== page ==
View details for DOI 10.1007/s12105-020-01170-y

    View details for PubMedID 32410133

  • Endoscopic Fluorescence-Guided Surgery for Sinonasal Cancer Using an Antibody-Dye Conjugate. The Laryngoscope Hart, Z. P., Nishio, N., Krishnan, G., Lu, G., Zhou, Q., Fakurnejad, S., Wormald, P. J., van den Berg, N. S., Rosenthal, E. L., Baik, F. M. 2019

    Abstract

    OBJECTIVE: Endoscopic resection of sinonasal squamous cell carcinoma has become the standard of care, but challenges remain in obtaining clear resection margins. The current study evaluated the feasibility of endoscopic fluorescence-guided surgery (FGS) to improve surgical resection in a human sinus surgical model.METHODS: A fluorescence endoscope optimized for near-infrared (NIR) fluorescence detection was evaluated in a phantom study. Various endoscope diameters (4 and 10mm) and viewing angles (0, 30, and 45 degrees) were evaluated to determine the sensitivity of the system for IRDye800CW detection at various working distances (1-5 cm). Endoscopic FGS was then validated in a three-dimensional human sinus surgical model to which squamous cell tumors derived from mice were inserted. Mice had received intravenous panitumumab-IRDye800CW and upon fluorescence-guided tumor resection, mean fluorescence intensity (MFI) and tumor-to-background ratio (TBR) were calculated in in situ and ex vivo settings.RESULTS: A significantly higher fluorescence intensity was found when using the 10-mm diameter endoscope compared to the 4mm diameter endoscope (P<.001). No significant difference in MFI was found among the viewing angles of the 4-mm diameter endoscope. Using the human sinus model, the highest MFI and TBR were obtained at a 1-cm working distance compared to longer working distances.CONCLUSION: We demonstrate that clinically acceptable TBRs were obtained with several working distances to discriminate tumor tissue from adjacent normal tissue in a human sinus model, and that endoscopic FGS may have great potential in identifying residual tumor tissue regions during surgery. Laryngoscope, 2019.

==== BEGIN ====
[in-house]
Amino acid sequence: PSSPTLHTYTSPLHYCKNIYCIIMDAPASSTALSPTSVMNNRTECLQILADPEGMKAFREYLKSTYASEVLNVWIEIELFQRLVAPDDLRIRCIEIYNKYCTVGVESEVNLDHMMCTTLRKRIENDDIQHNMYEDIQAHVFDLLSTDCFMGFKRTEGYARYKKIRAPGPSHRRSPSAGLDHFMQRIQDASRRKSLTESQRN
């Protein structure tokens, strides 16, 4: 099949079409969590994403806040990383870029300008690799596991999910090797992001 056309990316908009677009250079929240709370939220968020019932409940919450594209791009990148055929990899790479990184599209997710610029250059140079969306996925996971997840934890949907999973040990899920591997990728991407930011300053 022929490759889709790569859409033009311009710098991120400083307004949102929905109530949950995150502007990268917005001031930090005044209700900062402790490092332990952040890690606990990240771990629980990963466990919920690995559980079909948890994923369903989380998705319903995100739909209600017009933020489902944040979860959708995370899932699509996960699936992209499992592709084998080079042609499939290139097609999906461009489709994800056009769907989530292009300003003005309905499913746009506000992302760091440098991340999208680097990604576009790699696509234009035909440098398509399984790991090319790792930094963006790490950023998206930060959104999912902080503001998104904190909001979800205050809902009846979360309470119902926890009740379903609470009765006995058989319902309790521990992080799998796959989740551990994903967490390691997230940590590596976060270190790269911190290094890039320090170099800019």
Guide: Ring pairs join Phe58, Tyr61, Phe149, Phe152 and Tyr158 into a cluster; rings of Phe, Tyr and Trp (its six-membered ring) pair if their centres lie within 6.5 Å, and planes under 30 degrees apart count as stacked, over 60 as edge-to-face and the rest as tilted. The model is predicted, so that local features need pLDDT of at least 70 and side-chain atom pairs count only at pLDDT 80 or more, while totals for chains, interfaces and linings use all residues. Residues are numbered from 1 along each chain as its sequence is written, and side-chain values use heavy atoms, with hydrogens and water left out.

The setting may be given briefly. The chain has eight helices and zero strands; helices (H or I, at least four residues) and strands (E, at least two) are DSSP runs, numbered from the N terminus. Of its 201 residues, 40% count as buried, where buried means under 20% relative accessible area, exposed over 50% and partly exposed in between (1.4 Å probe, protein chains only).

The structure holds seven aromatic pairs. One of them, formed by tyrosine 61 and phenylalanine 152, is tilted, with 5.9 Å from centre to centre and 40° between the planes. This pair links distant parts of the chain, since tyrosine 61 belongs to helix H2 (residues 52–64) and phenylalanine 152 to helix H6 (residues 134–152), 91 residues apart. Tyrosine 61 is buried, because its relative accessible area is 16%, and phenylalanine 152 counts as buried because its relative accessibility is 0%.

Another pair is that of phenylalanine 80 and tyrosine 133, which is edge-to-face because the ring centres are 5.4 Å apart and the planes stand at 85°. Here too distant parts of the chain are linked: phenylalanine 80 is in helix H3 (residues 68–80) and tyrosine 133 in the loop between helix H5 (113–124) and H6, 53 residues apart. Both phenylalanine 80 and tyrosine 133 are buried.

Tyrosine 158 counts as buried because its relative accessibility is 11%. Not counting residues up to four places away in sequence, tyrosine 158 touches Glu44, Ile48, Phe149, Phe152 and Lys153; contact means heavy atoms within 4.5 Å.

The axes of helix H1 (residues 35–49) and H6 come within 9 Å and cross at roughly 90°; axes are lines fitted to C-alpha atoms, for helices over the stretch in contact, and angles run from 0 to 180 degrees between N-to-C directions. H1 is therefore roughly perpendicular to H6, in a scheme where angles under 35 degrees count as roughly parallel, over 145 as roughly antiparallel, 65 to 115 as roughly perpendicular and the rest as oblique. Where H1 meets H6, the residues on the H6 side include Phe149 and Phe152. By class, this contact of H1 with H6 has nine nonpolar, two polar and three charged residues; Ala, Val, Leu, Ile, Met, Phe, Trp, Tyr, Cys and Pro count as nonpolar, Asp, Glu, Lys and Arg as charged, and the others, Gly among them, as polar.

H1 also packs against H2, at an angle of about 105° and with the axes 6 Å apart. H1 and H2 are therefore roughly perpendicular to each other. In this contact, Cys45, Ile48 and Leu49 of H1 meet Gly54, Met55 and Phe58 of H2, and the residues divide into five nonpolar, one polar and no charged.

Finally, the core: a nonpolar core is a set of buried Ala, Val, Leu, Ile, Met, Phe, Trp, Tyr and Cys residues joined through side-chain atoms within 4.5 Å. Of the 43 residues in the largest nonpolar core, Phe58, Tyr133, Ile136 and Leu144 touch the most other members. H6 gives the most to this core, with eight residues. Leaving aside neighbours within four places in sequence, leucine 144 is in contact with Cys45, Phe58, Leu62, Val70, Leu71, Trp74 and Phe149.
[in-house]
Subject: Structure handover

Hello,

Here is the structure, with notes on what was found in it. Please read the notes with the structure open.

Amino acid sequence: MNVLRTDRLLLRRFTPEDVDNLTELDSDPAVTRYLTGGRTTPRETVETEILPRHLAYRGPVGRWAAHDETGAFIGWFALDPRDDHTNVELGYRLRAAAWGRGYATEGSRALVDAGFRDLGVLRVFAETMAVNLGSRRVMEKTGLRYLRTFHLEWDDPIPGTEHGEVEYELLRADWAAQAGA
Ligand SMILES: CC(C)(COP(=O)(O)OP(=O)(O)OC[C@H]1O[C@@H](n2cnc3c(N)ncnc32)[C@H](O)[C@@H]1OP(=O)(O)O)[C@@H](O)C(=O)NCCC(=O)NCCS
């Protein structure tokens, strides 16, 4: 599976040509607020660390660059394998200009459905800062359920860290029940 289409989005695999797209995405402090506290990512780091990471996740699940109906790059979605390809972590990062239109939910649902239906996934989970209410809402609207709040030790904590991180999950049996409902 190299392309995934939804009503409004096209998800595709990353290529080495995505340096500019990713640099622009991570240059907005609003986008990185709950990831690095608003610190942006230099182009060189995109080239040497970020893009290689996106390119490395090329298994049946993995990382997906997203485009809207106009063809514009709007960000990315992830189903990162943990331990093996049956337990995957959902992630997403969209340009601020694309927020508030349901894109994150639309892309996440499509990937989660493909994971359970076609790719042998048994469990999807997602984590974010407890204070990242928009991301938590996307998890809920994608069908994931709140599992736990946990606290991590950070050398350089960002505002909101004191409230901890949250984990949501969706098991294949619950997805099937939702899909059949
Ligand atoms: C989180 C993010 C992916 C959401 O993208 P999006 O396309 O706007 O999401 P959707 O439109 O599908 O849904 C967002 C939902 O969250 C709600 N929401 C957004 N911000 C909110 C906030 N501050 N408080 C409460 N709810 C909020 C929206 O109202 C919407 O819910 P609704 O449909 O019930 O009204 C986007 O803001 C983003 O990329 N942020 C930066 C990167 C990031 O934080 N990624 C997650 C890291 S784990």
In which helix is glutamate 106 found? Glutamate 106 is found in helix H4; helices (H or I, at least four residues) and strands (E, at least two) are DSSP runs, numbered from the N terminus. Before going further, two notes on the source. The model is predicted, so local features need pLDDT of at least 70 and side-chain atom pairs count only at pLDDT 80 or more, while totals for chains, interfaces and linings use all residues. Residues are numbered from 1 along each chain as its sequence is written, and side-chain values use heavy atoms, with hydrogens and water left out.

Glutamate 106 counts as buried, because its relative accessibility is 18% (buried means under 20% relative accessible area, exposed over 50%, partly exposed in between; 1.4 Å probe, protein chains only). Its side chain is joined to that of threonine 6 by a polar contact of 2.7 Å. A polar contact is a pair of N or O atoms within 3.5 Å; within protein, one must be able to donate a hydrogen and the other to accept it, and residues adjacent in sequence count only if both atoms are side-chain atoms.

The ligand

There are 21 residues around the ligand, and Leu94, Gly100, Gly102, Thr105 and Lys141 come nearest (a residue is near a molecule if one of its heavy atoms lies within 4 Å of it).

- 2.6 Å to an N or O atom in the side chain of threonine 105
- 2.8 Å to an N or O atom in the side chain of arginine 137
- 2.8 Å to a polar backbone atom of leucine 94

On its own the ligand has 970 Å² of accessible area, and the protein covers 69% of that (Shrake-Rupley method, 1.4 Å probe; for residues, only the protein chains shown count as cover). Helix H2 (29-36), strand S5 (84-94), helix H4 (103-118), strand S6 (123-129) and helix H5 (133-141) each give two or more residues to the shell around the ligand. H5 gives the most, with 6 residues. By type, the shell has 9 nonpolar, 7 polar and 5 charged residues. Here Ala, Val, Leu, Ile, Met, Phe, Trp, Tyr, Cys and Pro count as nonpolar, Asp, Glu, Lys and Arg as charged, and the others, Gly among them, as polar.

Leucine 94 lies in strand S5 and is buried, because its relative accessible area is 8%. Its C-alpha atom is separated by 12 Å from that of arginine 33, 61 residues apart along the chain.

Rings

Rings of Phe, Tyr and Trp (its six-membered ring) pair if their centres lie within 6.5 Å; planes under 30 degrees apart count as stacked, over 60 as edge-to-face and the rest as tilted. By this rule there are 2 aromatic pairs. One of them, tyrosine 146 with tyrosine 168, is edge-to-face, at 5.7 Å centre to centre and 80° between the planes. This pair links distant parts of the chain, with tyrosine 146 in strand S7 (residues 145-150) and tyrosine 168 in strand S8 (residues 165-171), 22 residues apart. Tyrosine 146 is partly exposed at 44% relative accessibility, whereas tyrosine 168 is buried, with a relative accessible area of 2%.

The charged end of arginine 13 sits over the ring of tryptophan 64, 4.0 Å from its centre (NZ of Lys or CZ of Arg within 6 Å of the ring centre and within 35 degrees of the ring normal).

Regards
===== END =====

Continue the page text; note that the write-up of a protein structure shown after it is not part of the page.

View details for DOI 10.1002/lary.28483

    View details for PubMedID 31854462

  • Ten patients with high-grade transformation of acinic cell carcinomas: Expression profiling of beta-catenin and cyclin D1 is useful. Pathology, research and practice Yue, L. E., Samankan, S., Liu, X., Sharif, K. F., Everest, S., Singh, T., Dhorajiya, P., Baik, F. M., Khorsandi, A., Stevens, T. M., Brandwein-Weber, M., Urken, M. L. 2019: 152767

    Abstract

    Conventional acinic cell carcinoma (CACC) represents a prototypical low-grade salivary malignancy. Rarely, acinic cell carcinoma (ACC) can demonstrate aggressive features (zones of necrosis, apoptosis, varying nuclear atypia) warranting classification as "ACC with high-grade transformation" (HGT-ACC) or "dedifferentiated" ACC. This study reports ten new cases of HGT-ACC. There is potential for subtlety in recognizing high-grade transformation and distinguishing discrete nodules of necrosis from cytology aspiration changes. We compared immunohistochemical (IHC) profiles, specifically beta-catenin (bCAT) and cyclin D1 expression, which have been touted as potentially helpful in this context. We quantified morphology (primary axis nucleus, nuclear area and perimeter) in HGT-ACC and CACC. Clinical outcome is known for eight HGT-ACC patients; three patients developed locoregional or distant metastases, five remained disease-free. Nine of ten HGT-ACC expressed strong, diffuse, membranous bCAT. CACC demonstrated lower intensity of membranous bCAT expression. Strong, diffuse nuclear cyclin D1 was seen in five of ten HGT-ACC whereas no CACC demonstrated cyclin D1 with distribution greater than 50 %. The quantified nuclear morphologic features of CACC and HGT-ACC demonstrated overlapping means values. Maximum values for nuclear primary axis, area, and perimeter were greater for HGT-ACC versus CACC, corresponding to a subpopulation of larger tumor cells in HGT-ACC. The poor outcome associated with HGT-ACC justifies its recognition, which should alter surgical approach with respect to elective neck dissection or possible facial nerve sacrifice. With respect to ancillary IHC studies, strong, diffuse membranous bCAT expression, with or without strong nuclear cyclin D1≥50 % distribution or Ki67 index ≥ 25 % supports this diagnosis.

    View details for DOI 10.1016/j.prp.2019.152767